The committee appropriated $180 million for the CFTC, a figure significantly less than the $308 million requested by the Obama administration. In 2012, the CFTC’s funding was $205 million, and the U.S. Senate is prepared to allocate $308 million, The Hill reports.
Rep. Sam Farr (D-Calif.) attempted to provide an additional $224 million in funding for the CFTC through an amendment to the 2013 Agriculture spending bill, though that measure was defeated in a vote.
“Why would we, when the fire is burning, want to recall the fireman?” Farr told the committee, according to The Hill.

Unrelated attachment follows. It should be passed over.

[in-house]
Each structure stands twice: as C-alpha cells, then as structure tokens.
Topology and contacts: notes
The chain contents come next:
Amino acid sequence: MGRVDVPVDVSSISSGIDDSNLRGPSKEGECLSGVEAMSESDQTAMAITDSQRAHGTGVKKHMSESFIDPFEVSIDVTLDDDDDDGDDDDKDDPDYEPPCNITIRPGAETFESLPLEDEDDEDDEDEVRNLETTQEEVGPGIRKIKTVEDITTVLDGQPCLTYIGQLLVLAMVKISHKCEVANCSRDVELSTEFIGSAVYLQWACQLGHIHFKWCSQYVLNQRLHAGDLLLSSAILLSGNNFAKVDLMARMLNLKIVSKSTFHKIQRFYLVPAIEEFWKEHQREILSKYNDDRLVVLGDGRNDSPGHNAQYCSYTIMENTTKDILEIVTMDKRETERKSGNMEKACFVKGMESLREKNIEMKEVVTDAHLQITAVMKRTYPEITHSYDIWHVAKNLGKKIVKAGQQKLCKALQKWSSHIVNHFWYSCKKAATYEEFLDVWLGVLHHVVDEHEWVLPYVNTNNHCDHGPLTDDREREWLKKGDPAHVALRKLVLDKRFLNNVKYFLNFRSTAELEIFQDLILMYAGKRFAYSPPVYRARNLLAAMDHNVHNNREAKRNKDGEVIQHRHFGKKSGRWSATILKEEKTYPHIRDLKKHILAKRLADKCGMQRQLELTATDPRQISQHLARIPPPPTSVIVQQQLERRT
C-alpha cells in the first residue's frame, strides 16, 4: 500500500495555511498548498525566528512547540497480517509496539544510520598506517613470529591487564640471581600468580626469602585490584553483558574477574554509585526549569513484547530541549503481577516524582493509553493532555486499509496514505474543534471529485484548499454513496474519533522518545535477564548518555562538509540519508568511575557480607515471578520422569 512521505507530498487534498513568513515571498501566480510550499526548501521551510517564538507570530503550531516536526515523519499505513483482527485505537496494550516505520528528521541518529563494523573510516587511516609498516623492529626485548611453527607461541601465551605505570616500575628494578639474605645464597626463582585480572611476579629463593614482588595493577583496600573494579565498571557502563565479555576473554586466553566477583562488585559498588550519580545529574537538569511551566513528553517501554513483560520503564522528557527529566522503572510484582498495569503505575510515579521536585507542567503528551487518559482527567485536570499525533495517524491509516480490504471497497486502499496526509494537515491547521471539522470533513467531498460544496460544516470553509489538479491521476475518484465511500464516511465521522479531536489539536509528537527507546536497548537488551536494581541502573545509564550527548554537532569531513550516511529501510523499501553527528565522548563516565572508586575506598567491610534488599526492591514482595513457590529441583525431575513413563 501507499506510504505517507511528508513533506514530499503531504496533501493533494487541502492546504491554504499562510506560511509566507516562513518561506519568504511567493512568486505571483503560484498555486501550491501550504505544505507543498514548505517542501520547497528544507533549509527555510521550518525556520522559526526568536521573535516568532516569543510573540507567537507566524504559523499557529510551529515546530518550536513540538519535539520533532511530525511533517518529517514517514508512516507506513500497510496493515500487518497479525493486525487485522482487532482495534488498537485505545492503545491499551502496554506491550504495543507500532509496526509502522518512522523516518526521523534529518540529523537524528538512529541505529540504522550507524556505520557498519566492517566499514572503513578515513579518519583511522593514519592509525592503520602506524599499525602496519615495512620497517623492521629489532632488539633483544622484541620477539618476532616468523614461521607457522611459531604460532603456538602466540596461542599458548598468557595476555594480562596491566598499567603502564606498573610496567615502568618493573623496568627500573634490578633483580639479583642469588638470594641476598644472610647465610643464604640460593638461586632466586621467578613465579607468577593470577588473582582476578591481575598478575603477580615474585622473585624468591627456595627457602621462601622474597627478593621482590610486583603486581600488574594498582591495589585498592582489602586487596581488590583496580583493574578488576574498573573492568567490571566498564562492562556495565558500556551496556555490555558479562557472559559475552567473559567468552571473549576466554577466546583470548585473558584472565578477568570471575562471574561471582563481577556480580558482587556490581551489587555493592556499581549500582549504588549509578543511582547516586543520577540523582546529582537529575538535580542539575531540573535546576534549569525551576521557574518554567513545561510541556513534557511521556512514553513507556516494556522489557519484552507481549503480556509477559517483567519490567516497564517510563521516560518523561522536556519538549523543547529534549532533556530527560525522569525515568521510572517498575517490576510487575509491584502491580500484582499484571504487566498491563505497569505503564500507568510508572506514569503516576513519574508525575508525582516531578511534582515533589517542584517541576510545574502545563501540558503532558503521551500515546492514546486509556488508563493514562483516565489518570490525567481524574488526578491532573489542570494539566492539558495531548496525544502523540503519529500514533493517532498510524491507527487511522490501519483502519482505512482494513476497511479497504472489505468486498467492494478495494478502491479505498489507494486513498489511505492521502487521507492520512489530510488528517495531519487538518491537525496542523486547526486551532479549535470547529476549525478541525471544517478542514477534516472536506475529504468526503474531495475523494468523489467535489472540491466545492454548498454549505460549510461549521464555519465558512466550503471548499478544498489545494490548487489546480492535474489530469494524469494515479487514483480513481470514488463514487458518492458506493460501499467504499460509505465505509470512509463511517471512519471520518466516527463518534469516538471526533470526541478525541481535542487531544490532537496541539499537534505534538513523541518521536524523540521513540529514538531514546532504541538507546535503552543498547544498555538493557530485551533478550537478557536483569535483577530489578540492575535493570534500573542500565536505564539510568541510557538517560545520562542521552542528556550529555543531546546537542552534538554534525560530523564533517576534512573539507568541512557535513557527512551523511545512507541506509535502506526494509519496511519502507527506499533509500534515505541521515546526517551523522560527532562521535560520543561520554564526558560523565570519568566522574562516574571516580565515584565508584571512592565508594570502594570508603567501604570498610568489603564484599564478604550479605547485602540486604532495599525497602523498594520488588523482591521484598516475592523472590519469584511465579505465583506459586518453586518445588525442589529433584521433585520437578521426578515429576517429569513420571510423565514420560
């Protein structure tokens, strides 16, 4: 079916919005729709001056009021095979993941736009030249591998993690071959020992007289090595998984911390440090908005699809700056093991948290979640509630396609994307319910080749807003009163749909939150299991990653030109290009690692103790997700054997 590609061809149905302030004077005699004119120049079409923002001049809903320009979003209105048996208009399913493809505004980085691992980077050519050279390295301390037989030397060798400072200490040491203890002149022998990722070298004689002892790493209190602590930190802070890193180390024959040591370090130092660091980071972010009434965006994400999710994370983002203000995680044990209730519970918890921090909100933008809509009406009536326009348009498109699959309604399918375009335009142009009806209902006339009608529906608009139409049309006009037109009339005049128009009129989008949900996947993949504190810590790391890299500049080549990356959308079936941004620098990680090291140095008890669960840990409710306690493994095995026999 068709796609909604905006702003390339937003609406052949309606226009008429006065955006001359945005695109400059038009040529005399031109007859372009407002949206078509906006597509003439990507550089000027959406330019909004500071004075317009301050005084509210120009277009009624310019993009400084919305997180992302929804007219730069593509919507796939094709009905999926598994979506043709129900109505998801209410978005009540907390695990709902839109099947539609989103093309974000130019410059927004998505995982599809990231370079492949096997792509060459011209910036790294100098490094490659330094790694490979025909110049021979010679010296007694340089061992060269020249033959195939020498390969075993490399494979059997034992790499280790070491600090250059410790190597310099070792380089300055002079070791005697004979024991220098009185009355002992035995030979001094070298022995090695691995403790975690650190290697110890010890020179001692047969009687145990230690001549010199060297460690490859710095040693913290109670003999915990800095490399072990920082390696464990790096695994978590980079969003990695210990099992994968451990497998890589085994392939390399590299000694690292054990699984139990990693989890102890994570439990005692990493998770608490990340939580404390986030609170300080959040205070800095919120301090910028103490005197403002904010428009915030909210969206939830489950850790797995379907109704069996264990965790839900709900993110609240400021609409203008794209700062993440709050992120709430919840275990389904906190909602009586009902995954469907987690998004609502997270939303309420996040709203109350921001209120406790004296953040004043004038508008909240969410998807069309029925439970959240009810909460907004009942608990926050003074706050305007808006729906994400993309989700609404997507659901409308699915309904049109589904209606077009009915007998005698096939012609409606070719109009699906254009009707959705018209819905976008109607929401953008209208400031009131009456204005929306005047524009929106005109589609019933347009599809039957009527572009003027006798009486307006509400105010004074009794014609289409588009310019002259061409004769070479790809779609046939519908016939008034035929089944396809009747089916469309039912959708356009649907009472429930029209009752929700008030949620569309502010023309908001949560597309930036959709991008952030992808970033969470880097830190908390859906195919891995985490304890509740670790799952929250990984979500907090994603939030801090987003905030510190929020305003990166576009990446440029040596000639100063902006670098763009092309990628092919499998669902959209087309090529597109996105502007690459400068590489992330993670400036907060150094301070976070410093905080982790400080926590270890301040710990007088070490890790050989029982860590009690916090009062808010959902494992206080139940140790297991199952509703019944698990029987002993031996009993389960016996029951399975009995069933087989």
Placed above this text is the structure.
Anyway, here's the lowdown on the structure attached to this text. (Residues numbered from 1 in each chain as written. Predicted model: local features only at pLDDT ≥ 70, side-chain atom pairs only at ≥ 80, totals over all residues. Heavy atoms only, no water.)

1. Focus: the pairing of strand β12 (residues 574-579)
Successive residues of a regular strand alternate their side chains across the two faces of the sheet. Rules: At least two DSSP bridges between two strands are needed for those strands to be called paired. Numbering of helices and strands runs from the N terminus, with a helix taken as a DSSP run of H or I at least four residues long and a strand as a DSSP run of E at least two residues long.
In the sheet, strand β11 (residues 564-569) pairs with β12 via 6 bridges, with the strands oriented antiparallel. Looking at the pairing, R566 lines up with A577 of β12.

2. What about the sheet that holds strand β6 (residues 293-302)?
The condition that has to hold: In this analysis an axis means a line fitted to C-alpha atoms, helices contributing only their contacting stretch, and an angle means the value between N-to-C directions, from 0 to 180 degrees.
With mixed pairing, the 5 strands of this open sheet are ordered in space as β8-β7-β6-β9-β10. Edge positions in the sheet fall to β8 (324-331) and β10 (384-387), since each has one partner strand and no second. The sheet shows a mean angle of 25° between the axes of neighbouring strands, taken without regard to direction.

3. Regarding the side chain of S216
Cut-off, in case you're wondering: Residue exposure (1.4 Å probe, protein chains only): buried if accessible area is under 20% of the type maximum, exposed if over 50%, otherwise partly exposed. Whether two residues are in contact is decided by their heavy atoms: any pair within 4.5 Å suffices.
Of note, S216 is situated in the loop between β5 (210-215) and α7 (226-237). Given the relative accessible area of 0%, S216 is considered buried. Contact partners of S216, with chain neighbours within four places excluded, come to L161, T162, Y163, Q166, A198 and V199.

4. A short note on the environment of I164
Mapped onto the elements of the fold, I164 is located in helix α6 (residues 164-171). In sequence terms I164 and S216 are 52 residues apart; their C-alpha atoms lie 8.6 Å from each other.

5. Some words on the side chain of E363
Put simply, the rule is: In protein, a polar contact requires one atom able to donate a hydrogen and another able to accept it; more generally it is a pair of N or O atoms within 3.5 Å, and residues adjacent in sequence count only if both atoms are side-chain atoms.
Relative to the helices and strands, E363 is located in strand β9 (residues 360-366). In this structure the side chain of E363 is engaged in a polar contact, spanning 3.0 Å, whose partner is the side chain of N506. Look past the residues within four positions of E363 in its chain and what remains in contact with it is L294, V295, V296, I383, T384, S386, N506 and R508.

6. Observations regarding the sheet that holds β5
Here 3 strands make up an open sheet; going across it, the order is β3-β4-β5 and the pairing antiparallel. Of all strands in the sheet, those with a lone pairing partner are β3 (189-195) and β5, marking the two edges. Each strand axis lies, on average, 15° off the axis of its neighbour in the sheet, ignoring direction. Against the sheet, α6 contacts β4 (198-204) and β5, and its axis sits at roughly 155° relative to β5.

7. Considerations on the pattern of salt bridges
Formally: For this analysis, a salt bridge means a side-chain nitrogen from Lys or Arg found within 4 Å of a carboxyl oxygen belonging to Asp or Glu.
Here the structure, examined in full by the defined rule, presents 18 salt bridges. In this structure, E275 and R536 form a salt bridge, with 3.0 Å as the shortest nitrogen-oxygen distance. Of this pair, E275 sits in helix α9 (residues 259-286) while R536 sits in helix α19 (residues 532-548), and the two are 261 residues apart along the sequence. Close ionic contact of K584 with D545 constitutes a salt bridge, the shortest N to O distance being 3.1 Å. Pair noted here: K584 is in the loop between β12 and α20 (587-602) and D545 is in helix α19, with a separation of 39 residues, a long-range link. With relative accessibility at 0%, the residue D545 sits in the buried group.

Rep. Jack Kingston (R-Ga.) said that the CFTC is not “an impoverished agency,” adding that a majority of CFTC employees make more than $100,000 and that the agency’s oversight responsibilities have only increased by 0.2 percent.
“We are not seeing the regulatory result for the money we have already spend on [the] CFTC,” Kingston said, The Hill reports.
Democrats have argued that higher salaries are necessary in order to attract talented attorneys to head the battle against Wall Street missteps and abuses, arguing that punishing the agency financially for past mistakes is nonsensical.